If you went up to the average student and asked them if they wished school was more like a video game you would almost certainly get a passionate "YES!" I'm sure if you asked most adults they'd also put their vote in favor of making their tedious work day more fun and exciting. Gamification is in no way a new idea, but it's one that is still evolving at a rapid pace.
For the last two years of my adult life (which coincidentally are the only two years of my adult life) I have had the pleasure of being a 6th grade teacher in central Indiana. Gaming has always been a huge part of my everyday routine and in the middle of my first year of teaching I decided to bring a gaming aspect to my classroom. With a designer friend and an extensive knowledge of video games I created the classroom management system called ClassRealm.
ClassRealm is a way to help students get more involved in their school work and in the classroom in general. Students can earn experience points, levels and achievements by doing simple school related items such as participating in class discussions, helping clean up the room and getting assignments done on time. It worked exceptionally well with my first year class and I decided to do a little write up on the results. Kotaku writer Owen Good was kind enough to published my story on a lazy Sunday in March and the response was outstanding.
After the original article was posted I received dozens and dozens of emails from people all over the world telling me they wanted to use ClassRealm in their classroom or saying they wished their child had it at their local school. I was overwhelmed with all the requests and the amount of people who wanted to help or be a part of ClassRealm in some way. I decided if we really wanted to fund ClassRealm (which wasn't fully developed at the time) we needed to Kickstart it.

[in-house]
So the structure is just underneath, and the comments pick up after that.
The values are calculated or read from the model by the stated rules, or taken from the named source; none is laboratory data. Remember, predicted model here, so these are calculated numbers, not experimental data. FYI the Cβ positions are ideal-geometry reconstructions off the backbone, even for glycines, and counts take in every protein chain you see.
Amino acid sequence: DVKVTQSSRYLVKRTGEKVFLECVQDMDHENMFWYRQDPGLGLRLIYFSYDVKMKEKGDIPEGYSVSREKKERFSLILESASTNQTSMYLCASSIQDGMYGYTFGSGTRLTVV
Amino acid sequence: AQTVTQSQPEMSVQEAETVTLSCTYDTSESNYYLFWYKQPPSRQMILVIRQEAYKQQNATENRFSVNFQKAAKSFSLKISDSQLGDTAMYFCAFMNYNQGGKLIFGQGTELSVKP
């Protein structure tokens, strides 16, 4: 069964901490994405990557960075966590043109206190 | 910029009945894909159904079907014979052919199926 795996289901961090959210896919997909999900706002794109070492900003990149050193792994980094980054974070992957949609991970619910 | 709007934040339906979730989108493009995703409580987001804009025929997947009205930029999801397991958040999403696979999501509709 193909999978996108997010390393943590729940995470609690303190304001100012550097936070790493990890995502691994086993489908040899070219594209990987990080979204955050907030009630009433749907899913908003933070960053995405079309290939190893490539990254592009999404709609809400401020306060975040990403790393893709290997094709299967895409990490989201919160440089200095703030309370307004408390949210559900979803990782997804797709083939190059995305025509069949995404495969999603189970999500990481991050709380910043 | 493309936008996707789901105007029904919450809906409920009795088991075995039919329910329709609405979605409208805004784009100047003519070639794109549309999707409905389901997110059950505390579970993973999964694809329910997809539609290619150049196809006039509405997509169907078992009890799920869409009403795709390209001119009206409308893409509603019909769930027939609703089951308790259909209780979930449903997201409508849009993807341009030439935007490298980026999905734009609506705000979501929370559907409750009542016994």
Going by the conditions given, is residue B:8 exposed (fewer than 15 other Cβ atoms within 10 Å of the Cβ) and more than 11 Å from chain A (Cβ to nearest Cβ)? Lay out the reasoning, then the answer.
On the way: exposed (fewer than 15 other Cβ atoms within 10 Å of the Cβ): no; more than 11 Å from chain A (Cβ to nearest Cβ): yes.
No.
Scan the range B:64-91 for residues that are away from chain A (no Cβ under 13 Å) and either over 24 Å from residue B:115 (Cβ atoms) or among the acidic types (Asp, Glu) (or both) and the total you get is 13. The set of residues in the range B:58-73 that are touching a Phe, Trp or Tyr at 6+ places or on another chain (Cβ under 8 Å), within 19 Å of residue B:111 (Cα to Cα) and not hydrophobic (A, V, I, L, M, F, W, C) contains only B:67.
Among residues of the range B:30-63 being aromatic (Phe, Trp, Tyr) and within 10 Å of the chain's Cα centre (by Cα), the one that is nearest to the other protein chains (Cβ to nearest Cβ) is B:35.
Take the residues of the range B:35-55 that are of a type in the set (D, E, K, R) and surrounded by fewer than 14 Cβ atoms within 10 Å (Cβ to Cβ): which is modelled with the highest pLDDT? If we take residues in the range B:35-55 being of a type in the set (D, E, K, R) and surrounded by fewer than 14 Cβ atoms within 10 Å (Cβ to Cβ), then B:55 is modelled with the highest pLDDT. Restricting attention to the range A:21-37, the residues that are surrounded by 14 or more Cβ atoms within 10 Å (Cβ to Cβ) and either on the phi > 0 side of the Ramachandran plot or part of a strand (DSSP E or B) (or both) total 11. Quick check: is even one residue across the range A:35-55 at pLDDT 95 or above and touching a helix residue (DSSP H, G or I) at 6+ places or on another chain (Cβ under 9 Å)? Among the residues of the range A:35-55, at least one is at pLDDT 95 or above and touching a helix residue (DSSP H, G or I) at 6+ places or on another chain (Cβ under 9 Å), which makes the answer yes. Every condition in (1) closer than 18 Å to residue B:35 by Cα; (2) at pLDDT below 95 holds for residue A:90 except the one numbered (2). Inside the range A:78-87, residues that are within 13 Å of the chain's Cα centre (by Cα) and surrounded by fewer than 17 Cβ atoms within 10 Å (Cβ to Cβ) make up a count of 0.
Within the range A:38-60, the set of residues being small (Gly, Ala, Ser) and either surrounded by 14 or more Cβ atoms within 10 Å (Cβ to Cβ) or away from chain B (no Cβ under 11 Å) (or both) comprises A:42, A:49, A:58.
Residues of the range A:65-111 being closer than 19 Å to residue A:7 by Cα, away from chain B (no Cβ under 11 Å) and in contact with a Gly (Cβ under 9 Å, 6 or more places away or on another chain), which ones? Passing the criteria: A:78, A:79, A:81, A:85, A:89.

I wasn't sure if I could even Kickstart a classroom management system, as it wasn't a game or video game in the traditional sense. I assembled a small team of computer savvy friends and a wonderfully talented illustrator from Australia and we set up our Kickstarter in a little over two months. At the time it seemed like the right thing to do. Coverage from local news, WIRED magazine and gaming sites helps us gain exposure across the web, but we were asking for a lot - 65 thousand dollars.
Pitching gamification is a difficult task. Gamers know that educational based gaming has traditionally been pretty lame. Sure, when Mario teaches typing it's more entertaining, but it hardly makes a difference. Why give money to a system that you, personally, are not going to use? It's not a game for gamers, it's a game for students. Many educators on the other hand have a view towards gaming that is less than accepting. Video games are violent. They rot our students brains and make them into mindless zombies. Why would you want to promote video game concepts in the world of education?